Directions

Dump the chopped onions & spices & oil into the tagine and heat it on high. You can just put the tagine on an open flame (gas stove) or use an electric stove. Mix it all up, then dump the parsley & cilantro in. Wait a few mins, then dump the tomatoes in.

Stir, and let cook for about 10 mins with the lid on. Keep stirring every so often.
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Take your rolled-up ground beef and carefully place it into the stew. Cover and let cook for about 10 mins, then reduce the heat to medium-low and let sit for about 45 mins.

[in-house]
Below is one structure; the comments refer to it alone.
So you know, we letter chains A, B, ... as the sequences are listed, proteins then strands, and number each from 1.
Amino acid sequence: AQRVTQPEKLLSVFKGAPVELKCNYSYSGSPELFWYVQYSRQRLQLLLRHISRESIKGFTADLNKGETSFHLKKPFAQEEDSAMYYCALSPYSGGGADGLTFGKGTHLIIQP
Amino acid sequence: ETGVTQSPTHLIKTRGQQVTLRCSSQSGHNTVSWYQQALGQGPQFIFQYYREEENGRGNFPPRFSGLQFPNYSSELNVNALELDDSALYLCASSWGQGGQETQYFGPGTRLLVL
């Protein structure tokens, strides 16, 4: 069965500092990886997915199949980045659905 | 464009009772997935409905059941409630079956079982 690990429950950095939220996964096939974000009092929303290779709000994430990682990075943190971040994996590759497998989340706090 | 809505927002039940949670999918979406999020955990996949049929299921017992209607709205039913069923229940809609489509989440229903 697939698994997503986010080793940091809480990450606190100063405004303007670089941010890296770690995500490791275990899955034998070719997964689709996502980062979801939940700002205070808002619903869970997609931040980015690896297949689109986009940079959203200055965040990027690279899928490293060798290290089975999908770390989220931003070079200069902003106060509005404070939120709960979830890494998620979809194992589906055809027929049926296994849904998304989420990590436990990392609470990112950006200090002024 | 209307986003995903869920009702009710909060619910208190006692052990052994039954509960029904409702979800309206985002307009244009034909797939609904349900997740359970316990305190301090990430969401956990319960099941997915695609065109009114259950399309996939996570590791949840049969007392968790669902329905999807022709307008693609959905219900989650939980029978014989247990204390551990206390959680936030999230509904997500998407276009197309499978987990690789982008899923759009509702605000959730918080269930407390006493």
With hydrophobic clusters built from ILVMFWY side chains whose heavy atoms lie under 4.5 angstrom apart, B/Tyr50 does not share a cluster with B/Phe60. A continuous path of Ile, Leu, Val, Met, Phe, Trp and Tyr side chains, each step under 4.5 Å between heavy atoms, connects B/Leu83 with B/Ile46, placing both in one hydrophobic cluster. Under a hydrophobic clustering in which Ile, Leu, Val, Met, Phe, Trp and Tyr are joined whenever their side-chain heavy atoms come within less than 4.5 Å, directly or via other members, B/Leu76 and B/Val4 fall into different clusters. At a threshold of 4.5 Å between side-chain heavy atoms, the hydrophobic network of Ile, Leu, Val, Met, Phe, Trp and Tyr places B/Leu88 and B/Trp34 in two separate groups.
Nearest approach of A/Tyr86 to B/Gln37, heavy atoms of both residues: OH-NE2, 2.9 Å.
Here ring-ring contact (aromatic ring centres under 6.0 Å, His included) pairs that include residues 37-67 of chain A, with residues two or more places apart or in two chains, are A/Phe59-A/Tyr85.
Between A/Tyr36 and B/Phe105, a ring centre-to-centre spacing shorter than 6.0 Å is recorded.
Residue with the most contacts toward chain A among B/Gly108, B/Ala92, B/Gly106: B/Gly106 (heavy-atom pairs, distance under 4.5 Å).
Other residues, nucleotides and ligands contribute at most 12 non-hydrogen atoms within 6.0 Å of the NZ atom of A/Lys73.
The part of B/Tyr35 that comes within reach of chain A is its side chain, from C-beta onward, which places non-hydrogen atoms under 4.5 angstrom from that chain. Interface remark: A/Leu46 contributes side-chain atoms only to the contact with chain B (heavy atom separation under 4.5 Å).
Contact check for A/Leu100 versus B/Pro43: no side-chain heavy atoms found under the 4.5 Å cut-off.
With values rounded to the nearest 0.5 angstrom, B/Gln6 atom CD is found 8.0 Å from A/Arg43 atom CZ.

You can add a sprig of rosemary for flavor.

Voila! Kefta tagine!

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Essaouira – A Quiet Little Seaside Town

by Karen

I’ll be honest, Marrakech was wonderful in all its sights and smells, people, foods, and activities, but it was somewhat mentally stressful. Yes, we had culture shock, and we always had our guard up. We’d been pickpocketed (thankfully for us, both attempts were unsuccessful), chased after by “local guides”, and harrassed by market vendors. Getting lost in a labyrinth of neverending dark alleyways with no street signs, landmarks, lights, or noises can be very scary. We could never truly relax. And on that note, we were off to the next place on our itinerary, Essaouira!

(The bus from Marrakech to Essaouira is 140DH, runs 8x/day, and is a 3hr ride, with pit stop. You’ll also need to buy a separate ticket for your luggage, 5DH per bag.)